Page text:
Canadians are consuming potentially dangerous amounts of sodium and Ottawa must take action to limit those levels, one expert says.
Marketplace analyzed the daily sodium intake of 80 Canadians and found a great majority are consuming far more than the nutritionally recommended amounts.
High sodium intake is a major health problem in Canada; it’s a leading cause of hypertension, which afflicts one in five Canadians and can lead to obesity, strokes and heart attacks.
Dr. Andrew Pipe of the University of Ottawa Heart Institute says the government needs to step up awareness to combat the problem.
“Our health system as it currently exists is unsustainable,” he told Marketplace co-host Tom Harrington. “We need to more realistically address issues that relates to disease prevention and health promotion. And this is a whole lot more than just fridge magnets that say, ‘Eat less salt.’’”
Overall, 99 per cent of those tested consumed more than the daily recommended 1,500 milligrams per day, but also exceeded the recommended maximum of 2,300.
The average Canadian intake is 3,400 mg per day.
Although the recommended limit of 2,300 is still high, Pipe figures there would be a significant improvement in public health if Canadians could stay closer to that amount.
“If we could get Canadians down to 2,500 mg a day, we should see a substantial reduction, across the population, in the incidence of heart attack and the incidence of stroke,” he said. “We're talking anywhere from 10 to 20 per cent.”
Tests find above-average intake
For its sodium test, Marketplace collected urine samples from a broad spectrum of Canadians, including an Ontario high school class and a B.C. major junior hockey team, with an age range from 16 to 69 years.
None of the participants were told what the study was looking for, so they wouldn’t try to adjust their diets and affect the results.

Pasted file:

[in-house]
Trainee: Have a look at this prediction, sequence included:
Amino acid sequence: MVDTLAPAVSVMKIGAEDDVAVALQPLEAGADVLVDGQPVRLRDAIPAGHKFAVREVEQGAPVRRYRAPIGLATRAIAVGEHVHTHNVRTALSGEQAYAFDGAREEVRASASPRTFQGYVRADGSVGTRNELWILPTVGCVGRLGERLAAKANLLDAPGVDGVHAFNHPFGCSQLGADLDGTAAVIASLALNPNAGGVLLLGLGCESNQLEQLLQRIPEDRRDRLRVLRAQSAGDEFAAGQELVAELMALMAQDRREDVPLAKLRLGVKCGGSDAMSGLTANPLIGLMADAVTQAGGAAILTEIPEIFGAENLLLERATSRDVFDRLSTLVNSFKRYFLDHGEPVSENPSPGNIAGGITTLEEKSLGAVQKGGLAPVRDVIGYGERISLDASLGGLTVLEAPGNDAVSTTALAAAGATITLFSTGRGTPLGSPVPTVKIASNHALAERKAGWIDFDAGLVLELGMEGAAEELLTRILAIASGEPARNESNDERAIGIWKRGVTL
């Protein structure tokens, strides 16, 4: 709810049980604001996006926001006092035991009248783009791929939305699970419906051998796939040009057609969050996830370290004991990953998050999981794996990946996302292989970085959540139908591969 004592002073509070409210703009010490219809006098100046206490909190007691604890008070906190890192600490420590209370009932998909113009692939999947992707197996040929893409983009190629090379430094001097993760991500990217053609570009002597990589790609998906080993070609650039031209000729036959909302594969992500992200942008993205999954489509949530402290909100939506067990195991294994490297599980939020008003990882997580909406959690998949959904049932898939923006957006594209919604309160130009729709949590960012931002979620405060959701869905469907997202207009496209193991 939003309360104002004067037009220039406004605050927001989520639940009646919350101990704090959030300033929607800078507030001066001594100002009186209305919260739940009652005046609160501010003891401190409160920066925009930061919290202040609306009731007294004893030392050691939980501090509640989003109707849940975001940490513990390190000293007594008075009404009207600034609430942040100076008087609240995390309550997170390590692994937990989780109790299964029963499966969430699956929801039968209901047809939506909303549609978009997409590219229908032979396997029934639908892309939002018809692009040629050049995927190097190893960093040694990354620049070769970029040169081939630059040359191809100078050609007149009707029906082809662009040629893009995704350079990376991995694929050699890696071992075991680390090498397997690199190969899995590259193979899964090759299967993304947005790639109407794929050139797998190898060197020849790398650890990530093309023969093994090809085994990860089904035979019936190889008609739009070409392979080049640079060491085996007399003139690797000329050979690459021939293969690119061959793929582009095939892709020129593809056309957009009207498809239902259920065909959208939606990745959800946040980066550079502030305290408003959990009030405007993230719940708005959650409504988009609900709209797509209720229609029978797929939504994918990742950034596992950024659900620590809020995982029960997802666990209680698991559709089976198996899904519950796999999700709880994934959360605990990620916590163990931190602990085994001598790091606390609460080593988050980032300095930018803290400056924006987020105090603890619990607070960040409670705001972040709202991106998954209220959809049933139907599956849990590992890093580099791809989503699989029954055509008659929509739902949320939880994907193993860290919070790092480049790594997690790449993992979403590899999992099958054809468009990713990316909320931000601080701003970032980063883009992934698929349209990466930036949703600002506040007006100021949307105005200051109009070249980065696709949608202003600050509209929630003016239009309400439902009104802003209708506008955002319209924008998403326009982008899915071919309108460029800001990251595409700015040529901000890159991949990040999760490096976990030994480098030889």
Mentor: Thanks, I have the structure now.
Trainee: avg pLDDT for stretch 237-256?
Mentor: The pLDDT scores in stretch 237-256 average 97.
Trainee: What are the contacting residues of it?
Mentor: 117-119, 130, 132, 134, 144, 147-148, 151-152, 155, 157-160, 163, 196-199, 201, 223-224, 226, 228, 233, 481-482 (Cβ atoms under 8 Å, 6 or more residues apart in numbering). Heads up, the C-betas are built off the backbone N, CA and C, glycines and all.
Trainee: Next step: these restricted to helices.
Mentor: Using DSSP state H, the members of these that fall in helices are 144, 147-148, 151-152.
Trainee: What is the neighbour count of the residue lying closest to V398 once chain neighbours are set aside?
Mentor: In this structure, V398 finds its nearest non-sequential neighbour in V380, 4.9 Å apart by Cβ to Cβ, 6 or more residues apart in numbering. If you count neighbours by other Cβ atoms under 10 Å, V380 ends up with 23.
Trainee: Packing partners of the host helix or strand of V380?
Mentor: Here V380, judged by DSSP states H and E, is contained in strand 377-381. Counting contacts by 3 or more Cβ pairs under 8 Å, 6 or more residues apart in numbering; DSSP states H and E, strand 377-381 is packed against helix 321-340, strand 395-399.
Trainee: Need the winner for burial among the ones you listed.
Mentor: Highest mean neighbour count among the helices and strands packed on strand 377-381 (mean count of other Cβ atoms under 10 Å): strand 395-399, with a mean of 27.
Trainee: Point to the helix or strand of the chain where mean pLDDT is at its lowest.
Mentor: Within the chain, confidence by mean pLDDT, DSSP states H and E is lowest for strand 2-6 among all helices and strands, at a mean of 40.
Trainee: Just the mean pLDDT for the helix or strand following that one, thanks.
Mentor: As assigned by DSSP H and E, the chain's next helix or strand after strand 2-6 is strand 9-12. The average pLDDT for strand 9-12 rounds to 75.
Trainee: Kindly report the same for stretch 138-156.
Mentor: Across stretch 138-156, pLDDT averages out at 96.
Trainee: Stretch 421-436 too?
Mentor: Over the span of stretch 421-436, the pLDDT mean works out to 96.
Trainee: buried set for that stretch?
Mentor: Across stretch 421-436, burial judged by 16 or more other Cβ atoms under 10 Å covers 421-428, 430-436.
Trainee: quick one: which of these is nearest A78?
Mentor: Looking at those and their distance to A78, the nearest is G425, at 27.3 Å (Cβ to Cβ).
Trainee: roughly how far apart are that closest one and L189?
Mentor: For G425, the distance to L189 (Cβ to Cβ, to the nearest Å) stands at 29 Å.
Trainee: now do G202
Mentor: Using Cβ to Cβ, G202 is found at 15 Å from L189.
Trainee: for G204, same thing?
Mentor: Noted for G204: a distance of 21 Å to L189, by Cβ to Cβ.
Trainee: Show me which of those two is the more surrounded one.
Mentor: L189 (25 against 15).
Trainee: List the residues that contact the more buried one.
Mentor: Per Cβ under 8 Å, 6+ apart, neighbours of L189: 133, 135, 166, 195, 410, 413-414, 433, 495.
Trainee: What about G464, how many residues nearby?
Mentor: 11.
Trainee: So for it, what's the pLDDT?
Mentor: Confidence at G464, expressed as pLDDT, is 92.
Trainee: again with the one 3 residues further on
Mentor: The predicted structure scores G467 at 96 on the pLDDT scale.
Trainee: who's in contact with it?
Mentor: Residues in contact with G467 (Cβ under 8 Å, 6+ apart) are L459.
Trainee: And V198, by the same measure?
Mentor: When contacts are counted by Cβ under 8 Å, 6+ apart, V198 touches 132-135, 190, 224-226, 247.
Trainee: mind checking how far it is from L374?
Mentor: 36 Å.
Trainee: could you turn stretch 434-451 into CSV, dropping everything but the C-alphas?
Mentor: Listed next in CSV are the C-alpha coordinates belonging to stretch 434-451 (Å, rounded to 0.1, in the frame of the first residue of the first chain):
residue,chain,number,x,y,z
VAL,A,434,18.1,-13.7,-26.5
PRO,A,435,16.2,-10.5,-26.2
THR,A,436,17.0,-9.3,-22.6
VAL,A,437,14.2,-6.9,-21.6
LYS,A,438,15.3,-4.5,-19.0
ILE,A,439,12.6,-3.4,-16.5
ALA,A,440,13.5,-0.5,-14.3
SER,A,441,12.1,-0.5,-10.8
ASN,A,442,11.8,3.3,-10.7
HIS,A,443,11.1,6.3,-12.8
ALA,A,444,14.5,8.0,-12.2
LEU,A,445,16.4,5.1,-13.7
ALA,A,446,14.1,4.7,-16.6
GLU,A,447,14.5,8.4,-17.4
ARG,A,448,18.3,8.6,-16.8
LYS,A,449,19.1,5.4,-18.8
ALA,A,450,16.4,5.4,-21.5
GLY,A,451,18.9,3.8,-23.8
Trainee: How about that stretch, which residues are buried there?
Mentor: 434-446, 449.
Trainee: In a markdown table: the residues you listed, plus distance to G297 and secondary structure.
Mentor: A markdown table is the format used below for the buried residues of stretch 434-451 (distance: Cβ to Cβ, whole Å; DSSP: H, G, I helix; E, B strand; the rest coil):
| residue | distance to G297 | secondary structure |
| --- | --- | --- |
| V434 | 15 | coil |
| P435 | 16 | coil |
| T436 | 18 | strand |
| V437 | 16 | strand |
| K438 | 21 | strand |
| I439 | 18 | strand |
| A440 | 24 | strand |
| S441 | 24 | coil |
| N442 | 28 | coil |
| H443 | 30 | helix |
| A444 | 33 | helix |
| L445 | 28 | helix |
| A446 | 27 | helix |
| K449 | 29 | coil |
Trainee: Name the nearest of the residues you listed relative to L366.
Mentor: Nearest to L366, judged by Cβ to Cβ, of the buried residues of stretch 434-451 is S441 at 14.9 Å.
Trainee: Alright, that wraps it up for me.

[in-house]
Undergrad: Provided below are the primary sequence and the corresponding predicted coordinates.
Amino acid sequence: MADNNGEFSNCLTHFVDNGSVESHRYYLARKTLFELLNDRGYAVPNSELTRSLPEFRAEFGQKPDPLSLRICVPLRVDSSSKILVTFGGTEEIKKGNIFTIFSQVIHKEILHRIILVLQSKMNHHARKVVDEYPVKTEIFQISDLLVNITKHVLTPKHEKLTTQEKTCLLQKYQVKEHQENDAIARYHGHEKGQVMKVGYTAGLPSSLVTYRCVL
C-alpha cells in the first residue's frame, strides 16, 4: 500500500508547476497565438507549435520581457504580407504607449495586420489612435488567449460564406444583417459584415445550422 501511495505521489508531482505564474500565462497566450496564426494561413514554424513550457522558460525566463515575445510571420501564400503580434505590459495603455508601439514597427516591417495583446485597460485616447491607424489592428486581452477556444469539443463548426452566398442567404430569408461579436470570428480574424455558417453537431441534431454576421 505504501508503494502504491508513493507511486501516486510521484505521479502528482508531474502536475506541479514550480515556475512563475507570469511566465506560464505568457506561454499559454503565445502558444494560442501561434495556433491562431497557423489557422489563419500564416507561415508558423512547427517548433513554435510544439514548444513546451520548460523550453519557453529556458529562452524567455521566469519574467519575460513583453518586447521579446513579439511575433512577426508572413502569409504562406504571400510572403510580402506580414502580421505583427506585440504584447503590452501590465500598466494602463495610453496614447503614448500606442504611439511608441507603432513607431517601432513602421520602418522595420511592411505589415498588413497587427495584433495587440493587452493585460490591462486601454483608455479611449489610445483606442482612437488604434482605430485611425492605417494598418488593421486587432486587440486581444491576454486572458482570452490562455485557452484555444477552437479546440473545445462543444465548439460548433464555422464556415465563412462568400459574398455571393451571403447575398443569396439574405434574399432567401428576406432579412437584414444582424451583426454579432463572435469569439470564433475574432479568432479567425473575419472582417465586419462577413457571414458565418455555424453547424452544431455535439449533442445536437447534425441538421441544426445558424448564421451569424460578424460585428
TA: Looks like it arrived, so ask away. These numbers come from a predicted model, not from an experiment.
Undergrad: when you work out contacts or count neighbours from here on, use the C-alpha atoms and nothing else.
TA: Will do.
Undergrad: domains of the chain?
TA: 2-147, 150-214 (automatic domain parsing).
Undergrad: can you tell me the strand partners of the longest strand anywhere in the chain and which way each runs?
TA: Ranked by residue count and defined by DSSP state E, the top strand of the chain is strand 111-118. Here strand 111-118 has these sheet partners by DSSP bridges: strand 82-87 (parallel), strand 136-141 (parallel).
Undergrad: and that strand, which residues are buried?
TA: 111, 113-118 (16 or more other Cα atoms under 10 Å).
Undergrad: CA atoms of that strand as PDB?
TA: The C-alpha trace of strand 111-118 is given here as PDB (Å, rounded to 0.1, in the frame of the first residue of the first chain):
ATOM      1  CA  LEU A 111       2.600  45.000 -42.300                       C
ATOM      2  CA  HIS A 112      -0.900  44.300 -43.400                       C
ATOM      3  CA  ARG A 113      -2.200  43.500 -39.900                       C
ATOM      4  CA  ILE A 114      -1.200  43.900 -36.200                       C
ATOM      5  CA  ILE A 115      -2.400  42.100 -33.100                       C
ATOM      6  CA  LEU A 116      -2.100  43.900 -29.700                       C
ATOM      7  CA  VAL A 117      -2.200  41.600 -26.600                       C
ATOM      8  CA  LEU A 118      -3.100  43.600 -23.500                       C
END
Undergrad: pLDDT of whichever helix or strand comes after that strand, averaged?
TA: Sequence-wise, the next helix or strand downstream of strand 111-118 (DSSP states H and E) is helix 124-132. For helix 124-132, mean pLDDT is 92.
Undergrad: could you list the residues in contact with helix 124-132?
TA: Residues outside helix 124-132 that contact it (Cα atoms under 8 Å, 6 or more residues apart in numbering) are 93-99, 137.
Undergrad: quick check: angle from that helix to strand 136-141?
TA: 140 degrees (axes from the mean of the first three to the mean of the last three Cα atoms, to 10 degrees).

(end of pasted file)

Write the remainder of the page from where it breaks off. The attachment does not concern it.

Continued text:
Among the study’s findings:
- 99% of participants exceeded the daily recommended level of sodium of 1,500 mg.
- Average intake levels were 3,600 mg per day, just over the national average.
- 88 per cent of men and 65 per cent of women topped the daily maximum recommended amount of 2,300 mg.
- More than half those tested (51 per cent) exceeded the national average intake.
Ontario resident Chuck Ferguson, who suffers from high blood pressure, found he was also topping the daily recommended maximum and he wasn’t happy to hear it.
“As someone who’s trying to figure out why he has high blood pressure when he exercises and ‘eats healthy’ that’s a big surprise and not a good one,” he said. “We’re supposed to follow Canada’s food guidelines and I kind of pay attention to those. It makes me angry because I’m really trying to look after my heart and that’s perhaps not what I’m ending up doing.”
Part of the problem is that many Canadians don’t know where all that sodium comes from.
- Find out how much salt you’re eating
“Canadians believe most of our sodium comes from salt shaker when in fact it’s only about six per cent of daily sodium intake,” Pipe said. “Most of the sodium is from processed foods.”